“The gender pay gap was one of these issues, and we worked closely with an agency called Party to create a provocative way to start a conversation around the 79 percent pay gap. We manufactured several hundred of these clocks and sent them to leaders in business, media, politics and sports.”
“From HIV/AIDS education in the '80s to spotlighting the crisis in Darfur in 2000s, MTV has always led with its heart not only because it was the right thing to do, but because our audience has come to expect it. Simply put, giving a damn about the world around us is baked into our DNA, and I’m proud to be part of continuing that legacy today.”
“When MTV set out to launch its next prosocial campaign, we asked our audience about what issues concerned them the most. Racial, gender and anti-LGBT based bias and discrimination kept coming up, and many felt ill-equipped to challenge them. The same year Look Different was launched, America was once again confronted with the issue of race in places like Ferguson, Missouri, and in the killings of several unarmed black people across the country.”
“The events angered, saddened and confused our audience as to why this was happening in America in this day and age. While many have been brought up with good intentions to be color blind, it’s clear that ignoring our differences was not making America more tolerant or accepting of one another. Look Different was designed to help our audience have those tough conversations to identify hidden biases that surround us, including our own, and to challenge them.”
A great example of this comes from Ben & Jerry’s. With Brazil deep in crisis around the impeachment of President Dilma Rousseff and economic, political and social challenges taking their toll, the popular ice cream brand invited people to its São Paolo store for a political debate.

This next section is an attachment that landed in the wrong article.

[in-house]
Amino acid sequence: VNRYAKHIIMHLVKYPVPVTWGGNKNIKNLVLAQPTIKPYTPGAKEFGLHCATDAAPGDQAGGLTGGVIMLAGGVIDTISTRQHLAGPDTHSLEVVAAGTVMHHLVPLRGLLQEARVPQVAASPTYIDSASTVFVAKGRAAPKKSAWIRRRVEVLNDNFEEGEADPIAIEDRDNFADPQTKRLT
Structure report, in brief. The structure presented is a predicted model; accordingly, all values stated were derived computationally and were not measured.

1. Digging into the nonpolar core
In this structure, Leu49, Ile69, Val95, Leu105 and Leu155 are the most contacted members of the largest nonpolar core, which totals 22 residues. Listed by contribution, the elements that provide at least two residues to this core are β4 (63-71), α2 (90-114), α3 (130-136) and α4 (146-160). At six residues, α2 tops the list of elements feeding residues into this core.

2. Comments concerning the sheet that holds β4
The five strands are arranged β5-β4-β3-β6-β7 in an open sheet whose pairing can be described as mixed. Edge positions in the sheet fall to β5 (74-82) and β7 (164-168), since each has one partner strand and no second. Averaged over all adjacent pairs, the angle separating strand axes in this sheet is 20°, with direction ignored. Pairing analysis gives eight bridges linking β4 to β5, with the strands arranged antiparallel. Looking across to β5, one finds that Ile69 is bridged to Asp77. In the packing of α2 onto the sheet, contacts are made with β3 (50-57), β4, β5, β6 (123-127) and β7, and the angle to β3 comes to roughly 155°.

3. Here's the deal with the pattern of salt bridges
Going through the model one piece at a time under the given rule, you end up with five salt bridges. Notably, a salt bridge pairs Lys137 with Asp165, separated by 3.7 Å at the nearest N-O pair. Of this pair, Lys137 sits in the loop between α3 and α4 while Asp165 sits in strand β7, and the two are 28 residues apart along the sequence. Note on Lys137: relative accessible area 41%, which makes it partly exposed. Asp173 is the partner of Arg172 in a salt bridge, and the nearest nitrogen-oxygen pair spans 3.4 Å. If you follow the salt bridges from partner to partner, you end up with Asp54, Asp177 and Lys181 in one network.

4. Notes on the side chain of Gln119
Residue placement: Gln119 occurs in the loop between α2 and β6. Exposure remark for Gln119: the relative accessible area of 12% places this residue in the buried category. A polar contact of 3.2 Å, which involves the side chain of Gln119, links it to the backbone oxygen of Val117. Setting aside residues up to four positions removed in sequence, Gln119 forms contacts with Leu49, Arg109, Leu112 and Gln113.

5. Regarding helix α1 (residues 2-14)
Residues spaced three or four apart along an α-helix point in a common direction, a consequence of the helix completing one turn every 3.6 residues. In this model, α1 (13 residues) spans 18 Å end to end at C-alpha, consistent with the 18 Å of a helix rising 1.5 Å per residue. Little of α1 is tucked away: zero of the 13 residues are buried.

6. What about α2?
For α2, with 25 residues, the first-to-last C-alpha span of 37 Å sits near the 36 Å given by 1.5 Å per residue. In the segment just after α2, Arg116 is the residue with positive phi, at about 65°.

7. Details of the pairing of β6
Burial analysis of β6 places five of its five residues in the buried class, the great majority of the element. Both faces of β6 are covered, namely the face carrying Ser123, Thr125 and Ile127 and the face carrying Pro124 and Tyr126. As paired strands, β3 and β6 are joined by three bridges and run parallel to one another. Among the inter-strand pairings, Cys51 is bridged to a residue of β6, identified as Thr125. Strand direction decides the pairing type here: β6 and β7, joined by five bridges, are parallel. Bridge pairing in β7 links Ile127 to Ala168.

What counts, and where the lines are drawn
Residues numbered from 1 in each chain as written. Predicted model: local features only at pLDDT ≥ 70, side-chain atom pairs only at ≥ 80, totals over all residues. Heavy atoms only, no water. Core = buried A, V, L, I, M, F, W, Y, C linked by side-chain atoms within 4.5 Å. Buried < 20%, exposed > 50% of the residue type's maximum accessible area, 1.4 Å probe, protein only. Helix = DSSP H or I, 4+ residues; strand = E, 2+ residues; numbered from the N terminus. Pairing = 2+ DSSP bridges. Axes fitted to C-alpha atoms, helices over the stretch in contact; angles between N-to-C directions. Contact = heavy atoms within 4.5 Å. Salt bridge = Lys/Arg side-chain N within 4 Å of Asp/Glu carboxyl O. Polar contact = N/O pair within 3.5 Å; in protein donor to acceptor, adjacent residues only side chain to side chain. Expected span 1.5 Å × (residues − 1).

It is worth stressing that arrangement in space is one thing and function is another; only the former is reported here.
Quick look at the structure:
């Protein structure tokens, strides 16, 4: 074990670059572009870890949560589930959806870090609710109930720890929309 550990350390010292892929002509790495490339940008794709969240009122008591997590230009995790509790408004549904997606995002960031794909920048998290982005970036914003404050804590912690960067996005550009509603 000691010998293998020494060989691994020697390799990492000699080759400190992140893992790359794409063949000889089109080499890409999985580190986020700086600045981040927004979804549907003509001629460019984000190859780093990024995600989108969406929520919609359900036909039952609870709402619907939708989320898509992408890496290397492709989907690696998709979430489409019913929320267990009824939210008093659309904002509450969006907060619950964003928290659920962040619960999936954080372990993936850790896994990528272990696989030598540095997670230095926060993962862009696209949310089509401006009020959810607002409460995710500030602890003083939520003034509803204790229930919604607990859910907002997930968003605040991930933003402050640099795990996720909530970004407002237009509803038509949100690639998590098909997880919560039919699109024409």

The idea was to bring people who love one another together, face-to-face, to discuss contentious issues they could not agree on, over ice cream. The campaign was featured on social media using the hashtag #amoréprogresso — meaning 'disagree with love.' This is just one way that brands around the world are working to mend the social fabric and be an active force for change.
“Companies that have a better reputation for being inclusive also make more money,” added MaryAnne Howland, CEO of Ibis Communications and ASBC board member. “These companies are more innovative because they have a broader spectrum of ideas that are being brought to the table. They also have a smarter workforce. When you throw a wider net, the bar is higher. Diversity also yields a wider corporate network with more depth and richness in terms of languages, cultures and experiences.”
And diversity doesn’t just mean women and people of color, but also chronically underserved populations like people with disabilities and the elderly. “People with disabilities are an untapped market and no one is reaching out to them,” Howland told TriplePundit.
An estimated 1.3 billion people have some form of disability, making the differently-abled an emerging market the size of China. Together, they control over $8 trillion in annual disposable income globally. “Not only do they have money, but they have incredible ideas and unique perspectives,” Howland added. “It’s all about recognizing human value. Everyone needs to be treated with dignity and respect. Once we get there we’ll solve all the problems.”